Immediately following the move, insane storms broke out. Several trees around the country fell over, and the same happened to our ash. Only not in the worst way, it was the soil that slid in the hole. The City's park managers attached support straps so the tree gets a chance to grow the all important fine roots that keep it fed and upright.

It grew up in shelter of other trees, but has been relocated on a windy corner, so we just have to wait and see if it manages to establish the roots, before the windy season kicks in. The tree bloomed by the book, but obviously the crown is not completely full, like before the move. We are hoping it will catch up next year.

On the bright side there is no heavy traffic on or near the roots and it is planted in fertile soil, in safe distance from salt. All we asked for, was that the tree was given a chance, and that is what it got.

Look at our sweet tree!

The tree grew behind this fence, and this is what it looks like today.

Hooray for giving the beautiful tree another chance.

Read more about Mission Mapletree here

August 26, 2016

Outcry from Enghavevej

Outcry from a citizen about the trees on Enghavevej. The entire row along the bike lane pictured, are to be felled any day now, for a "Safe School Passage". Does it get any safer than this? Madness!
Foto and tweet Krisandthebike:
What does it take to save the trees? There is still time!

August 13, 2016

A prep-team

At our meeting in spring, with the mayor of trees and his department chief, I suggested that the City implement a prep-team that would prepare, protect and clearly mark trees on building sites. This idea has received strong support from arborists.

Mere recommendations to protect the trees won't cut it. The current instructions are too vague, are not enforced and there are no sanctions for damages to trees. Worst of all, serious damages to the trees can be hidden for decades, before a large tree will suddenly fall, as was the case in the tragic, lethal accident by Fælledparken. With what turned out to be a roadwork-damaged tree.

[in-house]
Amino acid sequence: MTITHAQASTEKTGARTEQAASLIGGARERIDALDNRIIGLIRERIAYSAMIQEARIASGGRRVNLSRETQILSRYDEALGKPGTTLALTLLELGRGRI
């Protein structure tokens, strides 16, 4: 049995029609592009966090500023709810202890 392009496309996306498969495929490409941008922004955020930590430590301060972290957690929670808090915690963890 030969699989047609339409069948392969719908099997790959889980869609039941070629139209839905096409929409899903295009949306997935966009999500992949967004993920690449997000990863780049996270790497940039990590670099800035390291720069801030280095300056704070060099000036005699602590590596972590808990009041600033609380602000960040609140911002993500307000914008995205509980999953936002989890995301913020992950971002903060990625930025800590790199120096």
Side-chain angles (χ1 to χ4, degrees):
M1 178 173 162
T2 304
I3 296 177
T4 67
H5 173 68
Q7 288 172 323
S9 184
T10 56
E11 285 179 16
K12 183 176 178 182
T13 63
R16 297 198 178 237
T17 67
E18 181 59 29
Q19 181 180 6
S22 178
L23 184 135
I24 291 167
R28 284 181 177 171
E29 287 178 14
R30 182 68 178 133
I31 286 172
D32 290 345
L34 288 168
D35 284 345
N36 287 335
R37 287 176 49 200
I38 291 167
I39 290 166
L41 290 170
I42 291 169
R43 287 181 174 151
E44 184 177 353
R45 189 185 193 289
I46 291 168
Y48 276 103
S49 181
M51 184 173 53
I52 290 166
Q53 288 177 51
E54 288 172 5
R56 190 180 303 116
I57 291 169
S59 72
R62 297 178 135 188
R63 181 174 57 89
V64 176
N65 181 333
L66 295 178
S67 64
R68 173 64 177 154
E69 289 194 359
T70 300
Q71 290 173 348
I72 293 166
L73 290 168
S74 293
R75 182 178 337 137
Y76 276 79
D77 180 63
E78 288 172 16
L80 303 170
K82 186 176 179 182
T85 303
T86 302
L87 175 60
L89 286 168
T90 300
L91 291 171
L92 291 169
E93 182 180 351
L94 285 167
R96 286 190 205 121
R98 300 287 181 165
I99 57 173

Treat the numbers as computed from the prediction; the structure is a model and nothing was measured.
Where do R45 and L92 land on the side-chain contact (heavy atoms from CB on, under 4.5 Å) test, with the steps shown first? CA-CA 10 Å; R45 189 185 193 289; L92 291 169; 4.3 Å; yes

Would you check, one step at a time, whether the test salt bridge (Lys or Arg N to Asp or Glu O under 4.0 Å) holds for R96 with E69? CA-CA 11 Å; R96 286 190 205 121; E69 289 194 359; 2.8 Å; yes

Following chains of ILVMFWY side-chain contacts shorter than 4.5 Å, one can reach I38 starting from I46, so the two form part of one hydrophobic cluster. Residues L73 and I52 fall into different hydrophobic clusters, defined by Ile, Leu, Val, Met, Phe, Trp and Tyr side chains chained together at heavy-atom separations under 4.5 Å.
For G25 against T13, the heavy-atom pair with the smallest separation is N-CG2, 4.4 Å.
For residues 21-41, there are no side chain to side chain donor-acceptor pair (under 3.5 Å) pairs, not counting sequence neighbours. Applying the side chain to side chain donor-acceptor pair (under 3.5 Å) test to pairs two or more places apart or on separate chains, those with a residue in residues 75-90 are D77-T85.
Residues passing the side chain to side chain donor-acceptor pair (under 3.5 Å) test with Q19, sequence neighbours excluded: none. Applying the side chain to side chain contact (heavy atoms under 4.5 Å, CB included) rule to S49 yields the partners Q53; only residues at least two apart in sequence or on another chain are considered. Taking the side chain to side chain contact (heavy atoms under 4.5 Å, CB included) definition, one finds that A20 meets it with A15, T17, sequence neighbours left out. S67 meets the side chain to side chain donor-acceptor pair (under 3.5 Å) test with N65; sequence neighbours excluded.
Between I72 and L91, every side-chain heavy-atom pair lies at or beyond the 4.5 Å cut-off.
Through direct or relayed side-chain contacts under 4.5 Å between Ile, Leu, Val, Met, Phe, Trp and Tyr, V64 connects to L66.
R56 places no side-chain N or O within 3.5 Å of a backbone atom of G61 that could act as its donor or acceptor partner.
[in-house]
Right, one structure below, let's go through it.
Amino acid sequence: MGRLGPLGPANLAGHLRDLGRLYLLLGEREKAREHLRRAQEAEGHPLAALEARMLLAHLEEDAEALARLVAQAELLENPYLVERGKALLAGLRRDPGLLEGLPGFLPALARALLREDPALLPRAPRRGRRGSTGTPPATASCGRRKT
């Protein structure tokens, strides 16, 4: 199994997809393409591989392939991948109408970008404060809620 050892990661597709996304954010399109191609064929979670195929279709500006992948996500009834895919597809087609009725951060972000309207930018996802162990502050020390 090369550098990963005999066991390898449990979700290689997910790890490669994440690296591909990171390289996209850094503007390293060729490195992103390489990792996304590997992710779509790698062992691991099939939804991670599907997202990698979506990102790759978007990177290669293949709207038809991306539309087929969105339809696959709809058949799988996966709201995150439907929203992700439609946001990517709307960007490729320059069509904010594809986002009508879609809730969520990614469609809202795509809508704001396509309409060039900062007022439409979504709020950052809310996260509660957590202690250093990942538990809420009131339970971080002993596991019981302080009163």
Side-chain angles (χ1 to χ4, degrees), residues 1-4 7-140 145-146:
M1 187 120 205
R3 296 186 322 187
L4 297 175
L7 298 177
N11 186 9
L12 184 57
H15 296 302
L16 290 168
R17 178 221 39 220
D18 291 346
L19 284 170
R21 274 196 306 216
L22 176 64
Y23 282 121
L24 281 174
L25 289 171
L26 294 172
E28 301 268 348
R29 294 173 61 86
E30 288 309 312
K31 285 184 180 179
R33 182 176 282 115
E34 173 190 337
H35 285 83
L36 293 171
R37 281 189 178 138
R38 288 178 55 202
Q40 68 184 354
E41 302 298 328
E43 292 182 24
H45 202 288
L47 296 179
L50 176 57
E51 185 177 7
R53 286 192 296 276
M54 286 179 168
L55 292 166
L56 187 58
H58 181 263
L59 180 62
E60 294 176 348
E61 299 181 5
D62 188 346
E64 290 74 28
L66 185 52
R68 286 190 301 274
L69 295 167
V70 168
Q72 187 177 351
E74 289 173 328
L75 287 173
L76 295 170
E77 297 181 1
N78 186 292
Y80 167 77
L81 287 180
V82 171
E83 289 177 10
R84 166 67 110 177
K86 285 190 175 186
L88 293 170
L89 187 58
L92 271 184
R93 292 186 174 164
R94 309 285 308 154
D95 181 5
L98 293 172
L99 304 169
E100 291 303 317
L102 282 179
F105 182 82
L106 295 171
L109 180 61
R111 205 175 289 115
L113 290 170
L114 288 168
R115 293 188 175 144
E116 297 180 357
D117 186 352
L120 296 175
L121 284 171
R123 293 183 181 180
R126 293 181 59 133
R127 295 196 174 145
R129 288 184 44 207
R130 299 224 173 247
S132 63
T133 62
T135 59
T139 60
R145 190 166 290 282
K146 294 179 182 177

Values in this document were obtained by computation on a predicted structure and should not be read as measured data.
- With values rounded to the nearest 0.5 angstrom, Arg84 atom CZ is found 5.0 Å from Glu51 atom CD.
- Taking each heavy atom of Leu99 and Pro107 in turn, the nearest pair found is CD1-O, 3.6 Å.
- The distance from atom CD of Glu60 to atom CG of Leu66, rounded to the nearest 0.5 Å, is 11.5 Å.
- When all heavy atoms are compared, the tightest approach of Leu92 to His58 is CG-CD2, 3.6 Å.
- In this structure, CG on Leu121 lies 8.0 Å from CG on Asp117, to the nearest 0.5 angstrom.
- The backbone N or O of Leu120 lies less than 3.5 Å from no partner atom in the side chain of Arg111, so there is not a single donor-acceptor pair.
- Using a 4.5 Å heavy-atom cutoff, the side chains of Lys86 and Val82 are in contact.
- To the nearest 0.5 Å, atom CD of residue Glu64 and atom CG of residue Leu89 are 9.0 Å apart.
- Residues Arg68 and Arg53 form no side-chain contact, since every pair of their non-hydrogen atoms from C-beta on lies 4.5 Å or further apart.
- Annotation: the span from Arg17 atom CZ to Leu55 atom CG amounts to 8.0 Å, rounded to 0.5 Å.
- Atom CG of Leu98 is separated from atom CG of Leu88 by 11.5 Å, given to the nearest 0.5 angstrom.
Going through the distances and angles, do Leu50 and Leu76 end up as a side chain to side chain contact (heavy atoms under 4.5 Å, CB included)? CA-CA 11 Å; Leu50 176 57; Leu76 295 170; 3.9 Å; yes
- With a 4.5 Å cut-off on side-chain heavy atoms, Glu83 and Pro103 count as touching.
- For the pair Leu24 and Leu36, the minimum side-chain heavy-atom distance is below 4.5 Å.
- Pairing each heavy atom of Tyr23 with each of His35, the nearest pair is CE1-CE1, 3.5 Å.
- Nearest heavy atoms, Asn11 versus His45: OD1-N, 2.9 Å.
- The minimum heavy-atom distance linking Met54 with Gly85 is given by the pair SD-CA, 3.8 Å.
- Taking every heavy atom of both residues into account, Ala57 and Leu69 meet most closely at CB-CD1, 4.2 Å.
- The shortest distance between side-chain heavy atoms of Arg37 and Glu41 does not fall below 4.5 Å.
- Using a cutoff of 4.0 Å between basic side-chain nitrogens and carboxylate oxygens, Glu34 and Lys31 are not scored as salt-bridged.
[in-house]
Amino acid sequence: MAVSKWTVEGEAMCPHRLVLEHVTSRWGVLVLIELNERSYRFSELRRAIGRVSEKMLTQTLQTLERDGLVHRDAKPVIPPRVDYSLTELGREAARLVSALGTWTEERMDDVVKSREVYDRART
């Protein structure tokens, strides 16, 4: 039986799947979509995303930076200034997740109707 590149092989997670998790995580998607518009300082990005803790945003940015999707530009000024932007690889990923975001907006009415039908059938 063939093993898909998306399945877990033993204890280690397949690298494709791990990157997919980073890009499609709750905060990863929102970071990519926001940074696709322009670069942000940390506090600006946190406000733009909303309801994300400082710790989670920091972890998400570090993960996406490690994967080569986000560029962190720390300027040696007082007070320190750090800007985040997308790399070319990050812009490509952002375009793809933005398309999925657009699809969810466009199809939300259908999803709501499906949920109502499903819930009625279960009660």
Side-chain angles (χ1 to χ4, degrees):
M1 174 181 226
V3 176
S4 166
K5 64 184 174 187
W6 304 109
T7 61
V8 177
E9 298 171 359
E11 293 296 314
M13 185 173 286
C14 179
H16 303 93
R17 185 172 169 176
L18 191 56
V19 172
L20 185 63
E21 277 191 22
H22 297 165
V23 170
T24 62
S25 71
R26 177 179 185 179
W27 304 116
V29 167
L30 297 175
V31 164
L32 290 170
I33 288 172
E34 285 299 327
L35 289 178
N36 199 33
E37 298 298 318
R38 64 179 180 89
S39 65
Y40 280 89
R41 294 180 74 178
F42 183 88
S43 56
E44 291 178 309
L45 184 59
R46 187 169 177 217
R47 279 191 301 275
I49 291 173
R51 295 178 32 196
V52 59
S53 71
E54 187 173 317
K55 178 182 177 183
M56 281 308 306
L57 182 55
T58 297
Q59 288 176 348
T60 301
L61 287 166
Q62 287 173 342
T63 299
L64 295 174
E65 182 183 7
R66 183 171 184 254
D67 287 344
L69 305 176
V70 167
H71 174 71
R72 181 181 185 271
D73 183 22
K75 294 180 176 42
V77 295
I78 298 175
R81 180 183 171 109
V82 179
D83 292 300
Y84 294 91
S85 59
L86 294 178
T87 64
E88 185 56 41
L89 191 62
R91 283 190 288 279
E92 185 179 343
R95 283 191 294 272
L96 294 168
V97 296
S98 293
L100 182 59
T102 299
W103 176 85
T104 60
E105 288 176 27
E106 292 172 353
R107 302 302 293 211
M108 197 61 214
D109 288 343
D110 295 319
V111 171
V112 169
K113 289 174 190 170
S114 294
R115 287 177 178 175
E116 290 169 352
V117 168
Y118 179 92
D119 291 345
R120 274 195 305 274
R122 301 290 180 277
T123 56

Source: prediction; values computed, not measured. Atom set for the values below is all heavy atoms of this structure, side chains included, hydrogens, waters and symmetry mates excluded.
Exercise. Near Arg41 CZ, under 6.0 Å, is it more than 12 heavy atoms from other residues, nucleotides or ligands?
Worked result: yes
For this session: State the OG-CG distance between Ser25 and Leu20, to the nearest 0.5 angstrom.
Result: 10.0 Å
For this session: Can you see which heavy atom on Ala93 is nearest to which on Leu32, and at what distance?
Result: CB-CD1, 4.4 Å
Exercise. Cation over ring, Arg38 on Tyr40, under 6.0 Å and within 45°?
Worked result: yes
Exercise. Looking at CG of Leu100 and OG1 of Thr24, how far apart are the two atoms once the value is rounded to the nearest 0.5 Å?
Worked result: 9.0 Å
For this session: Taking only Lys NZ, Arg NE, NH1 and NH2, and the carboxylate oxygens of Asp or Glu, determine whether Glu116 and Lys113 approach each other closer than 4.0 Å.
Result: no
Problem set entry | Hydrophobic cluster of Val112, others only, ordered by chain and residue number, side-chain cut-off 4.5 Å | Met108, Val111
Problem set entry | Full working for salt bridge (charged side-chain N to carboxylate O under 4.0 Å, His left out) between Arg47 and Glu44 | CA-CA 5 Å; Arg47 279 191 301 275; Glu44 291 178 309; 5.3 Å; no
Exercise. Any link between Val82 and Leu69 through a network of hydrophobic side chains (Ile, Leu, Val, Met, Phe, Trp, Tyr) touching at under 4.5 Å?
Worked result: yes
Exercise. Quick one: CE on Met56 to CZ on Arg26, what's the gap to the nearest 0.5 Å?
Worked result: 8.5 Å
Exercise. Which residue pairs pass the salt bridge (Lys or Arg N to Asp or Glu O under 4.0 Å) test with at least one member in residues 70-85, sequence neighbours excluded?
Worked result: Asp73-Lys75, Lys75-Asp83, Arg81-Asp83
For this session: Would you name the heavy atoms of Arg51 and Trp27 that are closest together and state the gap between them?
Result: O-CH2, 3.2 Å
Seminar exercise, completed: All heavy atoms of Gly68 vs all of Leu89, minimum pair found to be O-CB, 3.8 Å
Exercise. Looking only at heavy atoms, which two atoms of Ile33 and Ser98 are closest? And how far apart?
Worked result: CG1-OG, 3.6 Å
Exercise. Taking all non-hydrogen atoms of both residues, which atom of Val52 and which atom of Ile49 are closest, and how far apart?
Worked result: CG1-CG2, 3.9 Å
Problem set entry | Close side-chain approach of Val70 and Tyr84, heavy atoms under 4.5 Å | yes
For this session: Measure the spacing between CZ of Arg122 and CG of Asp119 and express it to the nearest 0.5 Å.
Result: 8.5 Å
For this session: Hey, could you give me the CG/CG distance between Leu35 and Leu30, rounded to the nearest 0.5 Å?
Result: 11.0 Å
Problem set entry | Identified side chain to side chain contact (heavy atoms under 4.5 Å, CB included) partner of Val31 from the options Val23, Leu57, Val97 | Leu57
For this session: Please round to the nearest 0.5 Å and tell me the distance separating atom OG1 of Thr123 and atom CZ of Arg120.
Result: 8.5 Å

The City must realize that status quo won't work. They must be willing to acknowledge the problem and look for alternative solutions. Below a picture from the University of Copenhagen on Øster Farimagsgade, where they are currently remaking the entrance.

The old giants are "protected" with flimsy, easily moved fences and plastic string. While digging and pouring a foundation directly in the drip-zone. Maybe they know no better. But the City does, and there is no excuse for turning a blind eye any longer.

Below: Instructions from The Danish Railroad, about working near trees. And two slides from Oliver Bühler of the University of Copenhagen, from the Urban Tree Seminar "Protection of trees in the building process".

From folder to entrepreneurs and builder, (in Danish) "Folder til entreprenører".

Text reads: With big trees (over four meters) digging is not allowed within the drip-zone (directly below the crown) or closer than half the tree-height from the trunk.

July 11, 2016

Alert in Sydhavnen

New alert, this time in Sydhavnen. Where it seems impossible to create a safe school way without felling 34 big trees. Same crew behind the planned massacre in Møllegade on Nørrebro (15 trees).

In other big cities trees are used in a constructive way, to lower the speed and create safe passage for pedestrians and cyclists. In Copenhagen everything is flattened and we are served the classic: "don't worry, we'll replant." No mention of the fact, that the trees subsequently don't survive. Hush, now.


(sign reads)
The tree will be felled.
As a part of project Safe School Way in Sydhavnen we will fell in all 34 trees to create better conditions for cyclists and pedestrians.

We will replant 50 new trees, with better growth conditions, to last many years ahead.

July 3, 2016

Endangered trees by the Parliament